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Potato/ Roast Dinner/ Sides

Rustic Skin on Mashed Potatoes

December 3, 2021 (Last Updated: December 25, 2023) by Chris Collins

These rustic style mashed potatoes are outrageously delicious and couldn’t be easier to make!

Wondering if you can make mashed potatoes without peeling the potatoes? The answer is absolutely yes! Leaving the skins on is not only great to cut down on prep time, but the skin also adds flavour and creates an awesome rustic texture.

mashed potatoes in large grey bowl on wooden chooping board garnished with chives

Mashed Baby Potatoes

That’s right, it’s baby potatoes all the way for this recipe! Here’s why:

  • Convenience – If your baby potatoes are small and all similar size, you don’t even have to dice them before boiling. That means no dicing OR peeling – win win!
  • Skin – The skins of baby potatoes are quite thin. This works great because they still add texture to the mash, but not so much it gets overbearing.

Boiling the potatoes

We’re of course going to be boiling the spuds to make the mash. Two things to consider: salt and starting off cold. Starting off with cold water will help cook the potatoes evenly, whilst heavily salting the water will begin seasoning the potatoes. I also have a hunch the salt helps break down the skin slightly, but i’m sure someone with any knowledge of science will clarify this 😂

Can I use other potatoes?

Yep! Any type of floury ‘all purpose’ potatoes will work great like Maris Pipers or Russets. However for the two above reasons I prefer baby potatoes.

Process shots: add potatoes to large pot (photo 1), add cold water and salt (photo 2), boil then drain (photo 3).

3 step by step photos showing how to boil baby potatoes

Skin on Mashed Potatoes

Once drained, I tend to leave them to steam for a few mins, just to get rid of some of the moisture.

To go in with the spuds, my two essential additions are butter and cream for ultra rich and creamy mash. I recommend melting the butter and warming the cream – this will help them both infuse the potatoes.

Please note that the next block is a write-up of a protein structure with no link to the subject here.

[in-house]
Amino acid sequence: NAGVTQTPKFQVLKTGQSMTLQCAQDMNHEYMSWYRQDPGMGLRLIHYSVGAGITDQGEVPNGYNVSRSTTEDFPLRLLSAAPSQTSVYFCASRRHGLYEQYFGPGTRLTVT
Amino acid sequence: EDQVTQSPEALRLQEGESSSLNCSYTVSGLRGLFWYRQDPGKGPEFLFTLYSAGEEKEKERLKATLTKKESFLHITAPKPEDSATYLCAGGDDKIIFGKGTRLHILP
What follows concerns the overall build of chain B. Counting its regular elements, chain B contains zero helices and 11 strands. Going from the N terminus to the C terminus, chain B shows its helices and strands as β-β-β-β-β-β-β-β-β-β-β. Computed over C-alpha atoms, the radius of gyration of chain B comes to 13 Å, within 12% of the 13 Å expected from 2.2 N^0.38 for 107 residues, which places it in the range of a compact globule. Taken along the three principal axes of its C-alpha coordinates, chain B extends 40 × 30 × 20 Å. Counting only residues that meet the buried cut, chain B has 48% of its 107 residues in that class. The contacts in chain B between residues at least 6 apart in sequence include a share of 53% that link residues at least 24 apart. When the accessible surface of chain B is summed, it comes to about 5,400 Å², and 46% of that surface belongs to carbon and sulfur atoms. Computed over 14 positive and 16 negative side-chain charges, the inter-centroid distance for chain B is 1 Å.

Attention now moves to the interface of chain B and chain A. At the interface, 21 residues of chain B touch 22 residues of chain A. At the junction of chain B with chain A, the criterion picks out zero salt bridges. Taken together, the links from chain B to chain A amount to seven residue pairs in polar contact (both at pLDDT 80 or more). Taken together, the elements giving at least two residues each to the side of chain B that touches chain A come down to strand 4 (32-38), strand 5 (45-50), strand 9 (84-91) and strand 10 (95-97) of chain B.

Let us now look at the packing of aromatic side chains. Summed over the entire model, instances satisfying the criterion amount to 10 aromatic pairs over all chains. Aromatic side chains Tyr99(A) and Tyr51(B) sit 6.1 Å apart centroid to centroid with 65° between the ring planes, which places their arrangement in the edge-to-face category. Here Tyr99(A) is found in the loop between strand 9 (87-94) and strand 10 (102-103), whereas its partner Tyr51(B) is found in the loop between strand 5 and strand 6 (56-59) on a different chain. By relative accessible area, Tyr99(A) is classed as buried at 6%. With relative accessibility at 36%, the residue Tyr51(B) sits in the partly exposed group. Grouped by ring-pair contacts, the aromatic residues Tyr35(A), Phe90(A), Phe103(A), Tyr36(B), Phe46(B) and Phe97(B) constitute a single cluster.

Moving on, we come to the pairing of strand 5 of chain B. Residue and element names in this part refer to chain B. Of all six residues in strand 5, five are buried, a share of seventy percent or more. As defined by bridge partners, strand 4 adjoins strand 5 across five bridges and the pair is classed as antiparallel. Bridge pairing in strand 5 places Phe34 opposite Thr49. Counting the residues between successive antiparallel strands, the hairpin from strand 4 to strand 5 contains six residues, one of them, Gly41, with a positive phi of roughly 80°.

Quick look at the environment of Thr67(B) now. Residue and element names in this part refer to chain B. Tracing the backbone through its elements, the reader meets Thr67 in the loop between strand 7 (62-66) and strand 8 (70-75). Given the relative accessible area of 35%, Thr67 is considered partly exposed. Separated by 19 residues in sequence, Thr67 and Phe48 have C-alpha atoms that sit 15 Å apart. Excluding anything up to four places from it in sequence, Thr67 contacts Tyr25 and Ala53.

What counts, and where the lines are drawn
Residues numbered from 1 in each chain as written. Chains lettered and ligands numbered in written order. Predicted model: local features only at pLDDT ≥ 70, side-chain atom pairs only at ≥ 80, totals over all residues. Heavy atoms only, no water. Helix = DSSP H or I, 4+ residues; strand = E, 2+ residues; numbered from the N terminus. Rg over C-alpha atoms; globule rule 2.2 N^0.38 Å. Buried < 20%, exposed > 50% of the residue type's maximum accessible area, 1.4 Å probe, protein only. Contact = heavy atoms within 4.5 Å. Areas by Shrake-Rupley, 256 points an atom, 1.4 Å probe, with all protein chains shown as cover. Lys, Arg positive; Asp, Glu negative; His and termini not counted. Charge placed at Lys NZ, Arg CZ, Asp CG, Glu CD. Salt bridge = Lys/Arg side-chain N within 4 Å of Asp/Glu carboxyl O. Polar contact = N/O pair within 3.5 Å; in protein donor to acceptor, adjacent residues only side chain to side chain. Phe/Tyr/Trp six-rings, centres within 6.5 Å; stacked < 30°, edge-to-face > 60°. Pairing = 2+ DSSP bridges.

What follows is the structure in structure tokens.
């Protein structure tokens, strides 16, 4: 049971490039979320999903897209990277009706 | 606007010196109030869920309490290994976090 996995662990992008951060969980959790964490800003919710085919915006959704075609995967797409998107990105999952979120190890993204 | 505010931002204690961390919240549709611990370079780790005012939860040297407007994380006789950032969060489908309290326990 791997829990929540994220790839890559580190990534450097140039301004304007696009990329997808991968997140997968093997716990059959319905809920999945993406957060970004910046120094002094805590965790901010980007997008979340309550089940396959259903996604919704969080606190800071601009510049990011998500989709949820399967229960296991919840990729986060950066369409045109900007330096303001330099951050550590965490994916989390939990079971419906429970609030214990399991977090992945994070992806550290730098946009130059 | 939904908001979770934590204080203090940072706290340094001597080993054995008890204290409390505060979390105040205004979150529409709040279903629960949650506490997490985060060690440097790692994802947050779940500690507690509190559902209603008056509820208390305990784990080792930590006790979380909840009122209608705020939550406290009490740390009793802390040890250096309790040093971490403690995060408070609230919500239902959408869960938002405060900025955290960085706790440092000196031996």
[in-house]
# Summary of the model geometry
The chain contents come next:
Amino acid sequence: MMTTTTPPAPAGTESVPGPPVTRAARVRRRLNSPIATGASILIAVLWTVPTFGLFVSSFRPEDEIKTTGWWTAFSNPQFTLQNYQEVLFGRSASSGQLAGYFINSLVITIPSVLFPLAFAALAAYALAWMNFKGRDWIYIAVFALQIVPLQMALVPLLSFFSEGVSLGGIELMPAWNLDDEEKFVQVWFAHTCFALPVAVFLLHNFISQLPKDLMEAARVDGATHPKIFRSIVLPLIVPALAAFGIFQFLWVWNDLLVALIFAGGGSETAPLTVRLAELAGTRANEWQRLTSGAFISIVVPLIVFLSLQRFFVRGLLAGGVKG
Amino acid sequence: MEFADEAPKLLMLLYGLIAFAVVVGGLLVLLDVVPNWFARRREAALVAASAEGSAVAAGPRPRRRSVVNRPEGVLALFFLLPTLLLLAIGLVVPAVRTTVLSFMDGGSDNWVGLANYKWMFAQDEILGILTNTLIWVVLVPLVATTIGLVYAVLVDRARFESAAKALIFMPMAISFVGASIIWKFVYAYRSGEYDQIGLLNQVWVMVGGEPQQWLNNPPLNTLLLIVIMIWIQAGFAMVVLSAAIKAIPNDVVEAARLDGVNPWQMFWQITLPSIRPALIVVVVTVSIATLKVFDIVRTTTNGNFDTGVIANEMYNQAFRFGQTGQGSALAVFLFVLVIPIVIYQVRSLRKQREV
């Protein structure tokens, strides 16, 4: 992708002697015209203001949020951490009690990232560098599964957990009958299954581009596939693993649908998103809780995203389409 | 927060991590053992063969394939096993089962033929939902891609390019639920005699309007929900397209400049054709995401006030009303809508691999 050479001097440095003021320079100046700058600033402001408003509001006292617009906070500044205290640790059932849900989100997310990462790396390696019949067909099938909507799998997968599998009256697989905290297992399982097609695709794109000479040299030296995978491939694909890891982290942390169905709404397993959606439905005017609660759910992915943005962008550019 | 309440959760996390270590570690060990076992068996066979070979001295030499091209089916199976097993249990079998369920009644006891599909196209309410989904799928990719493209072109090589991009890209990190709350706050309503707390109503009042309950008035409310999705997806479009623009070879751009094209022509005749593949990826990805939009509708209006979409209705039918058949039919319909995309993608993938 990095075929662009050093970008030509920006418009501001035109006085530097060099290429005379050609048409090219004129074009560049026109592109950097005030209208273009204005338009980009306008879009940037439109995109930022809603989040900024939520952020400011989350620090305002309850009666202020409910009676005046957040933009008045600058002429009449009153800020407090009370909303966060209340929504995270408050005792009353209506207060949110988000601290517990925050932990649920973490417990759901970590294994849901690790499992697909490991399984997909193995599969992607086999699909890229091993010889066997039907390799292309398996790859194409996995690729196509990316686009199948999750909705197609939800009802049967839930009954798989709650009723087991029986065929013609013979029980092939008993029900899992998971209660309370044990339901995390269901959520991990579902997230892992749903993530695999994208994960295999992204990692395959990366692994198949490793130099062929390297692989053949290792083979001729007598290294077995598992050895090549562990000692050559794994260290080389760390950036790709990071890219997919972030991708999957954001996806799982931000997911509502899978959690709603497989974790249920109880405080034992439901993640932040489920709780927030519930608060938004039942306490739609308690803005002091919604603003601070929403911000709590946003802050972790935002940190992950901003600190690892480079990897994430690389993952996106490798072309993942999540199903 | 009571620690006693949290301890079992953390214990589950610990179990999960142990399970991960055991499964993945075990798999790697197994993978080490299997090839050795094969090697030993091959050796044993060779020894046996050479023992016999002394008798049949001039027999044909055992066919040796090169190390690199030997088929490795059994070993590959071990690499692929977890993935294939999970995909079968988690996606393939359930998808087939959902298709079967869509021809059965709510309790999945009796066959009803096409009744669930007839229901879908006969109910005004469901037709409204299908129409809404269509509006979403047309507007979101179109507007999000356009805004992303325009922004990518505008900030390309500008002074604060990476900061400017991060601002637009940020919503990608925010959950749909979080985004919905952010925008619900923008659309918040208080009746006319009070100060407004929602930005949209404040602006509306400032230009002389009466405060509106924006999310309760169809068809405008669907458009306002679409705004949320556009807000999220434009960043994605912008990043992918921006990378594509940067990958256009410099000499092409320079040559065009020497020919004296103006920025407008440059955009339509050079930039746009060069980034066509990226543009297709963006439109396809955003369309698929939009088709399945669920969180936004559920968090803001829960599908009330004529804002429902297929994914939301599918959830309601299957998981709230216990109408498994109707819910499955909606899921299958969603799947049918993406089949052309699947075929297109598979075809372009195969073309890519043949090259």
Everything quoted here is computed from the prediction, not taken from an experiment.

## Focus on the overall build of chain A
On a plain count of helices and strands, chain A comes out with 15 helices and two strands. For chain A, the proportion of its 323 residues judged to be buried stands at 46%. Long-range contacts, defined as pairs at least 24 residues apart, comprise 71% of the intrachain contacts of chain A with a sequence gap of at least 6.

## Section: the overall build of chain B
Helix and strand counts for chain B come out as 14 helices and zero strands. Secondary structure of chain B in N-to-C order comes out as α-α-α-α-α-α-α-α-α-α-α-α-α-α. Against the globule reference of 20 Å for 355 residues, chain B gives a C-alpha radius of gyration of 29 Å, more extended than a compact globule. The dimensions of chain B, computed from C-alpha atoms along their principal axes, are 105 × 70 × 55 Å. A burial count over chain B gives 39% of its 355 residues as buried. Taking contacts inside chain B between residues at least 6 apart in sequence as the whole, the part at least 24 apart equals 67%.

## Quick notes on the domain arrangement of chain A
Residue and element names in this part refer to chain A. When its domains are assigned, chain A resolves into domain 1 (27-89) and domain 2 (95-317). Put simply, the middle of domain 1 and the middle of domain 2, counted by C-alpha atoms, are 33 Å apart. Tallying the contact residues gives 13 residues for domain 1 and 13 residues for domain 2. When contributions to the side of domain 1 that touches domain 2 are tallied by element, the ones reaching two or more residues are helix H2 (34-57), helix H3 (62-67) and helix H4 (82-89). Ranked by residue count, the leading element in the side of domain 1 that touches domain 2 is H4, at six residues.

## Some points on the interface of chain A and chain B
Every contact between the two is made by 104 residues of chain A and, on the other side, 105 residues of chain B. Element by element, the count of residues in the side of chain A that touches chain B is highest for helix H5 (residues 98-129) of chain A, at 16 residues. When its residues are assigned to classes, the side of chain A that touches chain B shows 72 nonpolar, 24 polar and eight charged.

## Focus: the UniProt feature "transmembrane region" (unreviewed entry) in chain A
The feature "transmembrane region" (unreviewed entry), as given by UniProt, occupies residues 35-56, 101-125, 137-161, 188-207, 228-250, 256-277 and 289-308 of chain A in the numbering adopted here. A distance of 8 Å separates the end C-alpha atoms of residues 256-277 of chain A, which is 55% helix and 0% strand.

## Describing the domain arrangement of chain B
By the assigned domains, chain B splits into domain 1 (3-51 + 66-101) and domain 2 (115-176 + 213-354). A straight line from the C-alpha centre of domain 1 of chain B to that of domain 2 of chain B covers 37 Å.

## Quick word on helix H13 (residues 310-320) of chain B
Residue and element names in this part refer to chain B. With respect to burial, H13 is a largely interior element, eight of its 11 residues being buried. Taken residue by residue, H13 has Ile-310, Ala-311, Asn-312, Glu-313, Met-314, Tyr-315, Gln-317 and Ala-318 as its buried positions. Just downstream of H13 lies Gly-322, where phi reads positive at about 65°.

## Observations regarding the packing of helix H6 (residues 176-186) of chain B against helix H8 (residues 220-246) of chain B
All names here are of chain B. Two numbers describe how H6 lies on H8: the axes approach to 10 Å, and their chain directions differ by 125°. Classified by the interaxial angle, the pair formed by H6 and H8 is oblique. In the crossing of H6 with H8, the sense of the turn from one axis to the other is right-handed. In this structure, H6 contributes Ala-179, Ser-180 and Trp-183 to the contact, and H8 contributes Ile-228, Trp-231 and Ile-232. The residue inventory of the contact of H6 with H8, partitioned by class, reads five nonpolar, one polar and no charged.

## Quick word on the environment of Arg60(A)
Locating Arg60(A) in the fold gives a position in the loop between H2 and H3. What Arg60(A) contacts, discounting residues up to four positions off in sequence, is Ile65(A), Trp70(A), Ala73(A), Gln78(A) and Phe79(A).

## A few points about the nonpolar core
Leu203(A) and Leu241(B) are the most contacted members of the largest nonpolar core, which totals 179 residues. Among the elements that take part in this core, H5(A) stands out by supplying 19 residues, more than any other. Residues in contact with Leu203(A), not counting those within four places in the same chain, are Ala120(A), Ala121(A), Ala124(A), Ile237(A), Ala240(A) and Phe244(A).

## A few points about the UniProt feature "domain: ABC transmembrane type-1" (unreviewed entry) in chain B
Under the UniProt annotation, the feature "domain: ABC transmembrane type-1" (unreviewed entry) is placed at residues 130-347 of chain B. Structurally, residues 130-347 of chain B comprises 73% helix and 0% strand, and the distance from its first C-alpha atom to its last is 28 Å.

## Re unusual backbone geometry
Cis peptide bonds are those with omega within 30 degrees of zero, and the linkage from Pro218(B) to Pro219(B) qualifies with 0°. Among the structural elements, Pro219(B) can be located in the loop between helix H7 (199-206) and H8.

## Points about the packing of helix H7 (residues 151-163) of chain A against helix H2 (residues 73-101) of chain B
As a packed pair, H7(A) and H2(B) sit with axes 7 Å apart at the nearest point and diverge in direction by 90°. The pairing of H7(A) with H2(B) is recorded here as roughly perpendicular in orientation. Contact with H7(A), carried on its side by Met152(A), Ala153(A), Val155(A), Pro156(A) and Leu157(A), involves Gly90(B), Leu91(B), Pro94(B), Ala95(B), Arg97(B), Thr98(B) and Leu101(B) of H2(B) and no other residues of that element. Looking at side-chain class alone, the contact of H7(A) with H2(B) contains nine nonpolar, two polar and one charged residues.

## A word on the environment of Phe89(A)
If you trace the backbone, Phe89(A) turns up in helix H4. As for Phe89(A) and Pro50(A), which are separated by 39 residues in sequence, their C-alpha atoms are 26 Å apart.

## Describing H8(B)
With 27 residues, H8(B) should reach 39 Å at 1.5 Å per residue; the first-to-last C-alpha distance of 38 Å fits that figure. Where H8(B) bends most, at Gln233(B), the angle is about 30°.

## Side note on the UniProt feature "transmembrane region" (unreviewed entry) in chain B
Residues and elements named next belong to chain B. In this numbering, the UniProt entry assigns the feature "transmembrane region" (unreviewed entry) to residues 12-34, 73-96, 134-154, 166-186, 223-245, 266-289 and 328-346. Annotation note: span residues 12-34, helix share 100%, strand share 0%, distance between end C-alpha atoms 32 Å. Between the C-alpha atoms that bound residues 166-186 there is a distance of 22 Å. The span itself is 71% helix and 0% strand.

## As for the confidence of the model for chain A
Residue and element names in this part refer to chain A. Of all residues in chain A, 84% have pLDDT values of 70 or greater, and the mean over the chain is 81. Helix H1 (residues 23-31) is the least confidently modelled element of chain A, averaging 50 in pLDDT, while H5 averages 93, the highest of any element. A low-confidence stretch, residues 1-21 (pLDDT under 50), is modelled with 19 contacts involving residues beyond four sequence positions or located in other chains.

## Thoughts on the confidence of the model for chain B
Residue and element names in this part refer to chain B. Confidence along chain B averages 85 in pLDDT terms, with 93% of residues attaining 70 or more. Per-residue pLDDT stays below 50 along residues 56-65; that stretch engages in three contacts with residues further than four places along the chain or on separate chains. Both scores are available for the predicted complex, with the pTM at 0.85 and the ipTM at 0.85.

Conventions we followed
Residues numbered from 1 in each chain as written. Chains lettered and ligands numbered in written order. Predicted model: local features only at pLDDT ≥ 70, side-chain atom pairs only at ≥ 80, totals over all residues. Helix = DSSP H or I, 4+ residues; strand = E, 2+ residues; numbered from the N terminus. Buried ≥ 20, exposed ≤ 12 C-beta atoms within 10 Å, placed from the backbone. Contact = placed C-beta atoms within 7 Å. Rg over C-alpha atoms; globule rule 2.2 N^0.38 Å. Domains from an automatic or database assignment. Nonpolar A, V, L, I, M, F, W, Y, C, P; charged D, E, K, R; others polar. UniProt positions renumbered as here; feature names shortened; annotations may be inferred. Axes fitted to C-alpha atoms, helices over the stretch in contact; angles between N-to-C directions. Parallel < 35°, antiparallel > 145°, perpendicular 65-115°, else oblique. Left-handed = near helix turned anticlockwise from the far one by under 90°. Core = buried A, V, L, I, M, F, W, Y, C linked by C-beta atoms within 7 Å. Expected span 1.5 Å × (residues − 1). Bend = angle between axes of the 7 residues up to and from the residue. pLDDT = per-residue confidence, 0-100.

Mashed Potato Seasoning

You really don’t need any other seasoning beside salt and pepper. Potatoes soak up salt like nobodies business, so although we’ve salted the potatoes to boil, and we’ve used salted butter, you’ll almost certainly need more salt after they’re mashed.

Process shots: heat butter and cream (photo 1), add in potatoes (photo 2), mash (photo 3), stir in salt and pepper (photo 4).

4 step by step photos showing how to make skin on mashed potatoes

Mashed Potatoes FAQ

How do I prevent my mashed potatoes from going gluey?

You’ll find the potatoes go gluey if they’re over-mashed. As such, I don’t recommend using a hand mixer, food processor or anything like that. This is quite a rustic recipe, so a few lumps here an there are absolutely fine!

Do I have to add cream/butter?

Butter is non-negotiable, because mashed potatoes without butter is a crime. But you could sub the cream with milk, just use slightly less as it’s got a thinner consistency. You can leave out the liquid completely, they’ll just be less creamier.

How do I store mashed potatoes?

Allow to completely cool then tightly store in the fridge for 3-4days.

How do I reheat mashed potatoes?

I typically use the good old trusty microwave. Just reheat in short bursts, stirring as you go to ensure it heats through evenly.

skin on mashed potatoes in large grey bowl with two silver forks digging in

Serving Skin On Mashed Potatoes

To serve I love sprinkling with fresh chives, just for a pop of colour and flavour.

If there’s anything that’s MADE for mash, it’s sausages. Here’s some of my faves to serve with skin on mash:

Alongside some gravy (Red Wine Onion Gravy or All Purpose Gravy) you really can’t go wrong!

Alrighty, let’s tuck into the full recipe for these rustic mashed potatoes shall we?!